Recognizing the importance of educating individuals on the correct use of hoses in a processing environment is a skill John-Paul Schmidt has honed while working in the chemical industry. His experience as a Piping Stress Leader at Dow Chemical has provided him with the opportunity to face many of the common challenges associated with a number of applications including: fixed piping, hoses, expansion joints, and couplings. Schmidt’s interaction with the applications at both a design and practical level has thereby allowed him to acquire expertise on each one.
Hose + Coupling World had the pleasure of meeting with Schmidt to discuss the necessity for proper maintenance and storage practices of hoses, his knowledge on the fabrication and function of a variety of industrial applications, and the value of sharing knowledge that has the potential to mitigate and prevent dangerous situations from arising.
Having grown up in a small town dominated by a large chemical plant, Schmidt was exposed to the industrial industry at a young age. The constant interactions with innovators and industry professionals helped him to realize his passion for building and designing complex mechanisms. It therefore came as no surprise to himself, or others, when he decided to pursue a career in Chemical Engineering. With a drive to create something useful out of something useless, he completed his BSc in Chemical Engineering and his MBA, before obtaining his PE license.
Schmidt’s decision to begin his career as a process engineer and transition into a piping engineer role has been pertinent to his position as Piping Stress Leader; it provided him with the opportunity to gain know-how from a variety of maintenance and capital projects. Now, with over 10 years of experience, he guides the day-to-day activities of his fellow engineers and designers, to ensure that all the necessary safety requirements are met.
“Part of my role is to predict the risks associated with proposed pipping designs and attempt to limit the chance of an unplanned event taking place. I believe one of the best ways to take intelligent risks and mitigate danger is to be educated on the safety, reliability, and maintenance standards of each application you interact with,” said Schmidt.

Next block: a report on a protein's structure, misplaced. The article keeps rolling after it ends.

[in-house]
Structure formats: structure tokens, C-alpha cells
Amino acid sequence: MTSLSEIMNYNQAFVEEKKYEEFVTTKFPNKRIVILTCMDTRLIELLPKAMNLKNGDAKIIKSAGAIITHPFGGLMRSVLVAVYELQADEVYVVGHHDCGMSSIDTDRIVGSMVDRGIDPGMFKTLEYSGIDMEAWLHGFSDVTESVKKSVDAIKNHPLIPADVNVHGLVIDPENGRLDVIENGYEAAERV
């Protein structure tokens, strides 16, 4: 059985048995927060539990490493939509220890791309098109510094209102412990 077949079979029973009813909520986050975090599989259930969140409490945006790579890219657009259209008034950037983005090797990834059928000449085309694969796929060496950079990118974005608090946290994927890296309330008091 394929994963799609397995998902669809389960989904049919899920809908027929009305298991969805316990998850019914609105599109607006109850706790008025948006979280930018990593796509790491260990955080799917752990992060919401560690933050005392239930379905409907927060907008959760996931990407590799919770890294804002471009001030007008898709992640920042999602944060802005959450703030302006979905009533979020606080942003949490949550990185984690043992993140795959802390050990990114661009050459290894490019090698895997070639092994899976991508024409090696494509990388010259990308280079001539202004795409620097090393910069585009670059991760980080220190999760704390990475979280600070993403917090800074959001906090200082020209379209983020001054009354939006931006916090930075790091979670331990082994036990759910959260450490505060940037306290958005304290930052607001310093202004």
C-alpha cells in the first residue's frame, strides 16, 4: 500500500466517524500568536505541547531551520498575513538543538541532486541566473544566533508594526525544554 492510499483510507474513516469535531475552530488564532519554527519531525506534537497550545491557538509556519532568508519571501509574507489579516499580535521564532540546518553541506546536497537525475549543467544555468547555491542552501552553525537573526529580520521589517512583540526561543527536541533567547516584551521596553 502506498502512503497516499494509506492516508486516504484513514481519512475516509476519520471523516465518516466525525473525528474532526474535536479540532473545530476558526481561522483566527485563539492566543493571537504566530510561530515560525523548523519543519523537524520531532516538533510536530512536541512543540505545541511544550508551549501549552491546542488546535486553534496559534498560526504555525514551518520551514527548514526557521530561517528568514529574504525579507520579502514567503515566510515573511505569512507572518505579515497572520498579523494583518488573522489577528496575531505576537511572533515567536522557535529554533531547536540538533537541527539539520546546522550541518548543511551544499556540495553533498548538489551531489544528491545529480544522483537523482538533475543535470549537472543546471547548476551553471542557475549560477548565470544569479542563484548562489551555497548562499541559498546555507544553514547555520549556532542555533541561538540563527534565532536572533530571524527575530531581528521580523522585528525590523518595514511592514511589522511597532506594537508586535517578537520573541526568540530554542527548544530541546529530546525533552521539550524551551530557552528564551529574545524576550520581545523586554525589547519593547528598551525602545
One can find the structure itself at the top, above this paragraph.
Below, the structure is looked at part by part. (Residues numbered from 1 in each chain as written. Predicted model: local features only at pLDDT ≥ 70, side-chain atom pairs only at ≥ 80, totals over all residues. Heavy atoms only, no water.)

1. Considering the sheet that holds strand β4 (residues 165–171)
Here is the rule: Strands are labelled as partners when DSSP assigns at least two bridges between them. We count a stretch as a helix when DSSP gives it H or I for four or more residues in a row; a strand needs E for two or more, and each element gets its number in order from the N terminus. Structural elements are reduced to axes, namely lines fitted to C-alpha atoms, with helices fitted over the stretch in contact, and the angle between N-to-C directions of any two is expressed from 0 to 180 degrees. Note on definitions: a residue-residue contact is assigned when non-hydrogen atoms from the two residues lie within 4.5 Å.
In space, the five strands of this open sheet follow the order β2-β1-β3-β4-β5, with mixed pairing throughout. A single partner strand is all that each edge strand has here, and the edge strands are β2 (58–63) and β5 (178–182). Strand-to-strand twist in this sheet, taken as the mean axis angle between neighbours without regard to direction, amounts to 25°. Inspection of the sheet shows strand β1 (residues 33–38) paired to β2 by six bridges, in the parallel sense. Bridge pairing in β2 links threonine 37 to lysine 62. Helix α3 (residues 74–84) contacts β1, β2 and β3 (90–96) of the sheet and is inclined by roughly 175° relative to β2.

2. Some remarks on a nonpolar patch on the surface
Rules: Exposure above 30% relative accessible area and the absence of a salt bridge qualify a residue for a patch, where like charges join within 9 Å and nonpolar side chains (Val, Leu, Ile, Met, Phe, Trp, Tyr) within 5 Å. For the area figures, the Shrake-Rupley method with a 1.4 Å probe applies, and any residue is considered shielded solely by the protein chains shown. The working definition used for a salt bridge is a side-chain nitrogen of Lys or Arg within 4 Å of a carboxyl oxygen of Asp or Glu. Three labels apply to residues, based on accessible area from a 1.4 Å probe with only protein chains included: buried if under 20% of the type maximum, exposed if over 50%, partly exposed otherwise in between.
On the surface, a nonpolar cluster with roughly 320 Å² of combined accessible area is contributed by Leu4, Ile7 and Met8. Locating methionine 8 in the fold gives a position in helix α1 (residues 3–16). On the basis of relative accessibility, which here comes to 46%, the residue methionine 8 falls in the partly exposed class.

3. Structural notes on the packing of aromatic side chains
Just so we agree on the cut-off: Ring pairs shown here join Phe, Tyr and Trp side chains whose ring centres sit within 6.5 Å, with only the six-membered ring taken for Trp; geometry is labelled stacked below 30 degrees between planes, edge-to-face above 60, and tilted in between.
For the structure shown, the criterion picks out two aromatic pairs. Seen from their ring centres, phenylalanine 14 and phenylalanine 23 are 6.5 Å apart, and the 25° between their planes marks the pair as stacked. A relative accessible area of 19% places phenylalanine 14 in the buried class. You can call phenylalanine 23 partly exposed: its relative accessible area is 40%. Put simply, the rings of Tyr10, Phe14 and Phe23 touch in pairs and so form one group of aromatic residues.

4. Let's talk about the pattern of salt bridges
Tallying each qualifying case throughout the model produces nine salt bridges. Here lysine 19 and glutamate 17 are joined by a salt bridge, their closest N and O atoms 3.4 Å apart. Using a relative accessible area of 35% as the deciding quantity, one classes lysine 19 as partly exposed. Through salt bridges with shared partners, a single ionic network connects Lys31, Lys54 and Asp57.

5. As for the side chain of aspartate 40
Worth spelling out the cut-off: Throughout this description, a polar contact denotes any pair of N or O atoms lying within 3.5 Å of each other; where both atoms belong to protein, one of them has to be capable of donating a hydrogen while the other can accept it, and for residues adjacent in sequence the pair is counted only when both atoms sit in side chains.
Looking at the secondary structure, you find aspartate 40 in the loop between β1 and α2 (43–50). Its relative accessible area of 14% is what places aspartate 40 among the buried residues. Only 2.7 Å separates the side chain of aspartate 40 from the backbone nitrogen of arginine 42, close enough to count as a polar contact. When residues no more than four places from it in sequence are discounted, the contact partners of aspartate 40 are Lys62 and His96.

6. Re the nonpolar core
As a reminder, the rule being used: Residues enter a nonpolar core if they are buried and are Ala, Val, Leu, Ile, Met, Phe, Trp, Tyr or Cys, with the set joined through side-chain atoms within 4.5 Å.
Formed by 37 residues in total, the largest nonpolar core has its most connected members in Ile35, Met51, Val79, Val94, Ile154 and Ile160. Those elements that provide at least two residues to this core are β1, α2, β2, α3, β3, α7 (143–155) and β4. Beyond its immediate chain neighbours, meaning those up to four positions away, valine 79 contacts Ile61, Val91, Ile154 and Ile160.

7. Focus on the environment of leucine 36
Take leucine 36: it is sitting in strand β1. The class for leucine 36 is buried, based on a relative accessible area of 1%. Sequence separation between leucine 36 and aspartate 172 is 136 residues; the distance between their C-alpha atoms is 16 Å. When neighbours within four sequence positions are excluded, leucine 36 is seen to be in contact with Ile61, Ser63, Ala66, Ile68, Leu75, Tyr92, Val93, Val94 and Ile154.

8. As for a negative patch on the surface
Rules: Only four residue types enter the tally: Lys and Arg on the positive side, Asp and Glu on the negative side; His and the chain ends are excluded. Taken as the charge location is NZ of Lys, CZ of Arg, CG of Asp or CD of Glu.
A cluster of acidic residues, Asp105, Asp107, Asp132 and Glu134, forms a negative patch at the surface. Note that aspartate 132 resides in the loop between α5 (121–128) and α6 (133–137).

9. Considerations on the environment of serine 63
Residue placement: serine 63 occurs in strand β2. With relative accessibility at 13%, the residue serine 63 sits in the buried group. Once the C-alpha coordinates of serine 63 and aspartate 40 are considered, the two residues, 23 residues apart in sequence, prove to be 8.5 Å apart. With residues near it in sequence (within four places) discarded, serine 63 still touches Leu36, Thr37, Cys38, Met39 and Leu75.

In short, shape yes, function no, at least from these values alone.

While his primary focus is steel piping, Schmidt also works with a variety of equipment in the plant, including hoses and expansion joints.
“Hoses are often the most overlooked applications in a plant, despite the high risk associated with their misuse,” stated Schmidt. “If they are designed for the task at hand, installed correctly, and maintained, hoses are great; if any of these parameters are not met, however, they can be very dangerous. I think the biggest obstacle with hoses is that many individuals believe they understand hoses, and simply put, they do not.”
The differences between a hose in a process environment and a residential area are drastic; especially if looked at from a reliability standpoint. While there is very little chance of injury to bystanders if a home gardening hose leaks or bursts, the failure of a hose carrying a high pressured medium can inflict serious harm to its operator. Thorough operator training on proper hose storage, maintenance, and specifications is therefore essential to reducing risk.
“The main issue I have seen with hose storage and maintenance, over the last five years, is a failure to put the hoses away properly,” related Schmidt. “They are not hung up or moved out of the way and they end up getting stepped on or run over. Being constantly subjected to external afflictions can significantly compromise the integrity of the hose. To preserve their integrity it is best to wash hoses down after use and avoid putting unusual strain on the tubing by forcing it into odd configurations.”